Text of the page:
BOBBY WOMACK: COMMUNICATION (1971)
1) Communication; 2) Come L'Amore; 3) Fire And Rain; 4) (If You Don't Want My Love) Give It Back; 5) Monologue / (They Long To Be) Close To You; 6) Everything Is Beautiful; 7) That's The Way I Feel About Cha; 8) Yield Not To Temptation.
Although his previous records were hardly the epitome of commercial success, fate still smiled on Bobby and got him a nice promotion in the early 1970s — for his next record contract, Womack was rewarded with United Artists, and a possibility to record with the cream of the crop: the regular team at Muscle Shoals. Not that his older band was worth any serious criticism, but they were kind of old-fashioned, and in 1970, whether you were black or white, you had to change and adapt, or be ready to go down.
That same year, Bobby also played guitar on Sly & The Family Stone's There's A Riot Goin' On, learning how to behave in a hotter, crazier, funkier environment, and the results are immediately obvious on the very first track of his new album: ʽCommunicationʼ is a sleazy, steaming guitar groove that could be very easily mistaken for a mating call, if the lyrics did not explicitly refer to the idea of improving social relations through the power of communication and mutual trust (well, on the other hand, one does not necessarily exclude the other). Wah-wah riffage, distorted wailing leads, brass fanfare, Bobby at his screeching best (still a few notches below James Brown, but a decent substitute in case of need) — if this is a graduate exam in Funk School, I'd give senior student Robert Dwayne Womack a solid A, hold the plus for disciplinary reasons.
In general, however, Communication cannot be pigeonholed as a «funk album». Apart from the opening track, everything else is much more traditional: smooth, non-syncopated mid-tempo R&B grooves alternating with slow soulful ballads. As it always happens with Bobby, tracks are regularly loaded with small surprises, but «small surprises» are not «major stylistic revolutions»; the general difference is really in the backing band, which always seems on the verge of launching into something different, but in the end, stays where Bobby wants them to stay. On ʽGive It Backʼ, for instance, they fiddle and fuss around for about ten seconds, even starting out with the first bar of ʽBaby Please Don't Goʼ (that might actually be Bobby himself), then straighten out for the album's second-funkiest, but still «lite-dance-funk»-oriented groove.
The biggest hit from the album, and the song that genuinely restored Bobby's name on the chart of public conscience, was ʽThat's The Way I Feel About Chaʼ, a credible, but not particularly outstanding, love anthem whose major point of attraction might not even be the vocal melody and the repetitive chorus, but the melodic lead parts played by Jimmy Johnson, who does not get to have an instrumental break, but still takes the opportunity to solo all the way alongside Bobby's singing. This adventurous approach from the Muscle Shoals people is certainly an improvement over the competent and devoted, but not too initiative-oriented, style of Bobby's Memphis band.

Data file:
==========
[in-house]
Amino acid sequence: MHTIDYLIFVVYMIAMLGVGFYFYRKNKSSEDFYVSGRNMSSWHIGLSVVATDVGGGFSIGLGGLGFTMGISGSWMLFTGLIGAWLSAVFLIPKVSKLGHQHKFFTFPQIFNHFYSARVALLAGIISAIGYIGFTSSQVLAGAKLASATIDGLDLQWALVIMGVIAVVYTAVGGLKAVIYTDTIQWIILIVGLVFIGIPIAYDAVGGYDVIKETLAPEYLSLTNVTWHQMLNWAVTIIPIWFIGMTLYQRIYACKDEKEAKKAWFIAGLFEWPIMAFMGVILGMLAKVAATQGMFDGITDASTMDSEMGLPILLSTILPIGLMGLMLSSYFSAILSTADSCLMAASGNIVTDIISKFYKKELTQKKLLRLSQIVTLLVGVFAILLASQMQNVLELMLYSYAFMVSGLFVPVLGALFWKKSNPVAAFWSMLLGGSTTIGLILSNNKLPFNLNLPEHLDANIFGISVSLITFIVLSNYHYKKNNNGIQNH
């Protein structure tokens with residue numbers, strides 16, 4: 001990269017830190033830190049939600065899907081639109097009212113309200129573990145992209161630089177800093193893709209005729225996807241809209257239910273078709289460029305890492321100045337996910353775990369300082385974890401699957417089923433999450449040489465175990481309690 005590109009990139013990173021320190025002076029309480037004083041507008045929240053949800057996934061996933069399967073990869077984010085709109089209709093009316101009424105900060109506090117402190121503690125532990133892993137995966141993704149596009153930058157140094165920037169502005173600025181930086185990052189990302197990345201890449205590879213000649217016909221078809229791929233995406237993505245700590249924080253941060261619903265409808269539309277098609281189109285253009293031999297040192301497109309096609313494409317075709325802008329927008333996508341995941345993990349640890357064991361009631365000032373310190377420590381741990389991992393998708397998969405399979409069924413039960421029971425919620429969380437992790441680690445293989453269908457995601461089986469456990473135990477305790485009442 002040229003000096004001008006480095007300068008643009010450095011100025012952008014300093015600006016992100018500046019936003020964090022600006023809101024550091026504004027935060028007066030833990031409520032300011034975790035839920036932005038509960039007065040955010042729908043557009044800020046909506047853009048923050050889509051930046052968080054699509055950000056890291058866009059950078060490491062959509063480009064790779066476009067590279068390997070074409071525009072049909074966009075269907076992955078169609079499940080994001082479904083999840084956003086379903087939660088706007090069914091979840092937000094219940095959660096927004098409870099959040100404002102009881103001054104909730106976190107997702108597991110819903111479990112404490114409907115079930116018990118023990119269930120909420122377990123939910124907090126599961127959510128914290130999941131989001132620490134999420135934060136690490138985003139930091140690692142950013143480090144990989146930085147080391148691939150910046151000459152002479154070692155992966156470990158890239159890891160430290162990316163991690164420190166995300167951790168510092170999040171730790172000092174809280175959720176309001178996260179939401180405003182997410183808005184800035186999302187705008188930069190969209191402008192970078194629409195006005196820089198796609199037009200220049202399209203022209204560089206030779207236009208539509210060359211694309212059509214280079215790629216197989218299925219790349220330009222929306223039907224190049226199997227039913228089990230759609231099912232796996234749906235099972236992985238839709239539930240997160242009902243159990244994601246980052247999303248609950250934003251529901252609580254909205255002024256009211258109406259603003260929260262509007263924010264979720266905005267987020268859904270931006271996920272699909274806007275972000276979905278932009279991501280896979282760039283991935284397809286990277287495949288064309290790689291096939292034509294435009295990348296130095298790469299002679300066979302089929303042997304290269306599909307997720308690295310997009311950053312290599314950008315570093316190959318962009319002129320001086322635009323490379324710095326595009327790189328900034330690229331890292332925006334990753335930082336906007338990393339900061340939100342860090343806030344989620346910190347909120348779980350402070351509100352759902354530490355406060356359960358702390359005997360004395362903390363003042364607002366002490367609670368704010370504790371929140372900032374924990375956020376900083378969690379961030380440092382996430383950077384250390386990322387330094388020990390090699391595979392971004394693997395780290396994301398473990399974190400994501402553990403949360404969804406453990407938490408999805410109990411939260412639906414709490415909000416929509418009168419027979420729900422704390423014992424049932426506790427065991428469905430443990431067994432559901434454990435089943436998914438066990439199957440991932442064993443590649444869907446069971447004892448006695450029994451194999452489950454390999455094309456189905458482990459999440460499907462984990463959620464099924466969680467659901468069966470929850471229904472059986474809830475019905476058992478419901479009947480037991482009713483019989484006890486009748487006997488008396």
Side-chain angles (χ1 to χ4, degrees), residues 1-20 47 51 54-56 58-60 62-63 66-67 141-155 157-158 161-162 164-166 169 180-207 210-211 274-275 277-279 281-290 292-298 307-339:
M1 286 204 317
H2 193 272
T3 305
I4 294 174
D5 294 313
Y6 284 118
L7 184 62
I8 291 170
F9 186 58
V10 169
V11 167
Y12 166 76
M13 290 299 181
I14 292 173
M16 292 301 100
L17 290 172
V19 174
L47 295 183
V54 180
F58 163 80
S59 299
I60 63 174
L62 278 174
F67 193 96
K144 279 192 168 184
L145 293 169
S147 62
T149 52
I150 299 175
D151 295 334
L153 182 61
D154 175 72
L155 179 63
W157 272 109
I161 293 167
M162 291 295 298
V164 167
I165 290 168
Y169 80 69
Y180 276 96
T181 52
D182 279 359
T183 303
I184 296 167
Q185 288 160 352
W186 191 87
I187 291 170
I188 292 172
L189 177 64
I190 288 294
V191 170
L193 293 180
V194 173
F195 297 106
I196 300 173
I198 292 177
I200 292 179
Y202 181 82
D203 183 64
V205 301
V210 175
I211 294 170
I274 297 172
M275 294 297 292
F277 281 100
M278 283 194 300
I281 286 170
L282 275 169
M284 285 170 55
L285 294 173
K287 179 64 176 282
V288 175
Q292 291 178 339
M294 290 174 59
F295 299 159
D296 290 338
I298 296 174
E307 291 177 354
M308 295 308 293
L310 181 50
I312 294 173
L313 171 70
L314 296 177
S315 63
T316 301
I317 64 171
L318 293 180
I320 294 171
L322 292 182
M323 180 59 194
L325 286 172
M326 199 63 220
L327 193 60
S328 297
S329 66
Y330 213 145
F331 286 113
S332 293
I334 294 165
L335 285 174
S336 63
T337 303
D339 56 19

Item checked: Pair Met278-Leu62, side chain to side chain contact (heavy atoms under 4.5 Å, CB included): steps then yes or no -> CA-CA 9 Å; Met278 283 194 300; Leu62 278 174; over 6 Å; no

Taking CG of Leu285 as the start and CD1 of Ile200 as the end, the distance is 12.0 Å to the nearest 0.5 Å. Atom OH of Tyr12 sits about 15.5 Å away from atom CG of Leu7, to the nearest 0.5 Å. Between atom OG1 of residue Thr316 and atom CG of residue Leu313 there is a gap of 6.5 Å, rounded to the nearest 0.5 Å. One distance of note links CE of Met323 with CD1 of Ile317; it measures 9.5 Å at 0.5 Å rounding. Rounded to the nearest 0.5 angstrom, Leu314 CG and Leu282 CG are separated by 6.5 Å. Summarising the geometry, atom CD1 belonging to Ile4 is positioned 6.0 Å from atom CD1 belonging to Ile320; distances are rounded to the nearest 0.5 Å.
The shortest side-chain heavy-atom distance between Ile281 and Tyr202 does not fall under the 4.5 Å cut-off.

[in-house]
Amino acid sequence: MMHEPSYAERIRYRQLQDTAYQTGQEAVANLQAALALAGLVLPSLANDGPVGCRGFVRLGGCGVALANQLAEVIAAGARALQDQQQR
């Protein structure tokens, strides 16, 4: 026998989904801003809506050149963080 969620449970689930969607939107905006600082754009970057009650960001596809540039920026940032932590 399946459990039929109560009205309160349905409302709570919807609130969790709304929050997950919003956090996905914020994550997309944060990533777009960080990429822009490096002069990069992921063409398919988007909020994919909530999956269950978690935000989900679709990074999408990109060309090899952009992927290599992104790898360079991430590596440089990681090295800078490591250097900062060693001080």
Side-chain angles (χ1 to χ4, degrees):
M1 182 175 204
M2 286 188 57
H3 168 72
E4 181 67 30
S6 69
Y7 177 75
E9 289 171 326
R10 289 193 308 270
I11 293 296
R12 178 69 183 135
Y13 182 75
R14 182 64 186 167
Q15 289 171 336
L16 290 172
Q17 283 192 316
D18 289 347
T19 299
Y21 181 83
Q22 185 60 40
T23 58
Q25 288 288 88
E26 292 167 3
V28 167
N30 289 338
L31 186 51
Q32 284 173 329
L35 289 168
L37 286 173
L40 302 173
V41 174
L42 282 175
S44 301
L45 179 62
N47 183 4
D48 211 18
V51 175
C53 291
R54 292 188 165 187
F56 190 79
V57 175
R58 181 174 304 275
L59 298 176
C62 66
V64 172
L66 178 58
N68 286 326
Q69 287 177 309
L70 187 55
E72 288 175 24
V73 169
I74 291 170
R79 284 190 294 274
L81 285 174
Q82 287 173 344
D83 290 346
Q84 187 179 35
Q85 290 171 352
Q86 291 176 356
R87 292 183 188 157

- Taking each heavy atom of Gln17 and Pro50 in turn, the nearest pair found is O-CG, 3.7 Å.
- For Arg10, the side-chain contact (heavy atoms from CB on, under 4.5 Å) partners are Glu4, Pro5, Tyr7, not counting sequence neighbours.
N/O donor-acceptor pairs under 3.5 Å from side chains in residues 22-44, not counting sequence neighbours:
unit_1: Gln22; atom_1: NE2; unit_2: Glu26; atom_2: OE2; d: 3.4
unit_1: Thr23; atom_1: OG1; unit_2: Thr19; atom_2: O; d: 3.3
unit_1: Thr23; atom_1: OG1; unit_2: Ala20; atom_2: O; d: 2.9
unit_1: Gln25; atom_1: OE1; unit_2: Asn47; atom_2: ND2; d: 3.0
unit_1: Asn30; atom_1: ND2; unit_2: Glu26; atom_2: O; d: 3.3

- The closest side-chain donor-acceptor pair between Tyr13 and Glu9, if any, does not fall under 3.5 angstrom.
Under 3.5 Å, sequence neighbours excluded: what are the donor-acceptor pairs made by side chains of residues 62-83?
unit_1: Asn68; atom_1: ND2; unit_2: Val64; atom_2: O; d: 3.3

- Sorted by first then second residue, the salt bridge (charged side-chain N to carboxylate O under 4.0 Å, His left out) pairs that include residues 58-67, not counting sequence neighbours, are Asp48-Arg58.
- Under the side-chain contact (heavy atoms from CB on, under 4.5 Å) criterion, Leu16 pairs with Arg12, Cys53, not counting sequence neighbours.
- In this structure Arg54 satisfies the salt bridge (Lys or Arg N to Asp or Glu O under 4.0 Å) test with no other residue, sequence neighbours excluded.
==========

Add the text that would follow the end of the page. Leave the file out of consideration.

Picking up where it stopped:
In a particularly risky and bold approach, the man allocates almost ten minutes of Side B to an extended version of ʽClose To Youʼ, the first half of which is actually given to a half-spoken, half-hummed «monologue» in which Bobby apologizes to his audience for going «commercial» — quite an apt thing to do on a cover of a Burt Bacharach song that had just been turned into a monster hit for The Carpenters. With this cover, Bobby sets out to illustrate the major point of the monologue — that «music is music», and that, no matter what sort of material you sing or play, what really matters is the amount of soul you put into it.
To be honest, I am not sure that he is completely right on the issue — in fact, I'd probably take the slick, straight-jacketed Carpenters version of the song, pre-packaged and calculated as it is, over Bobby's sincere attempt to «ruffle» it up here and make it live and breathe. You can't really bring the stillborn back to life — you can stuff the stillborn and make it into an imposing, eerie waxwork, but you can't make it walk and talk, and ʽClose To Youʼ is one of those songs I'd rather hear as stiff and mechanical, because they are more memorable that way. Still, at the very least, Bobby's stance makes sense, and it is curious and instructive to hear him cover the song the way he does it. Whatever be, these nine and a half minutes are not wasted.
Without discussing the other songs (most are covers of not particularly strong material, and it is not clear if you will ever really need yet another individualistic version of James Taylor's ʽFire And Rainʼ), I will simply conclude that Communication is an uneven, but curious and rewarding «transitional» album, worthy of its thumbs up but not quite on the same level with the stuff that would follow. The most important thing about it is that the shift to a major label had not, in any way, silenced or muted the individual voice of Bobby Womack — on the contrary, just like Marvin Gaye and Stevie Wonder at about the same time, the man's primary concern always rests on one crucial issue: how to remain inside the machine without turning into a part of the machine. He does not exactly resolve that issue — Communication has its fair share of «genericity» — but he is willing to give it a bigger try than ever before.
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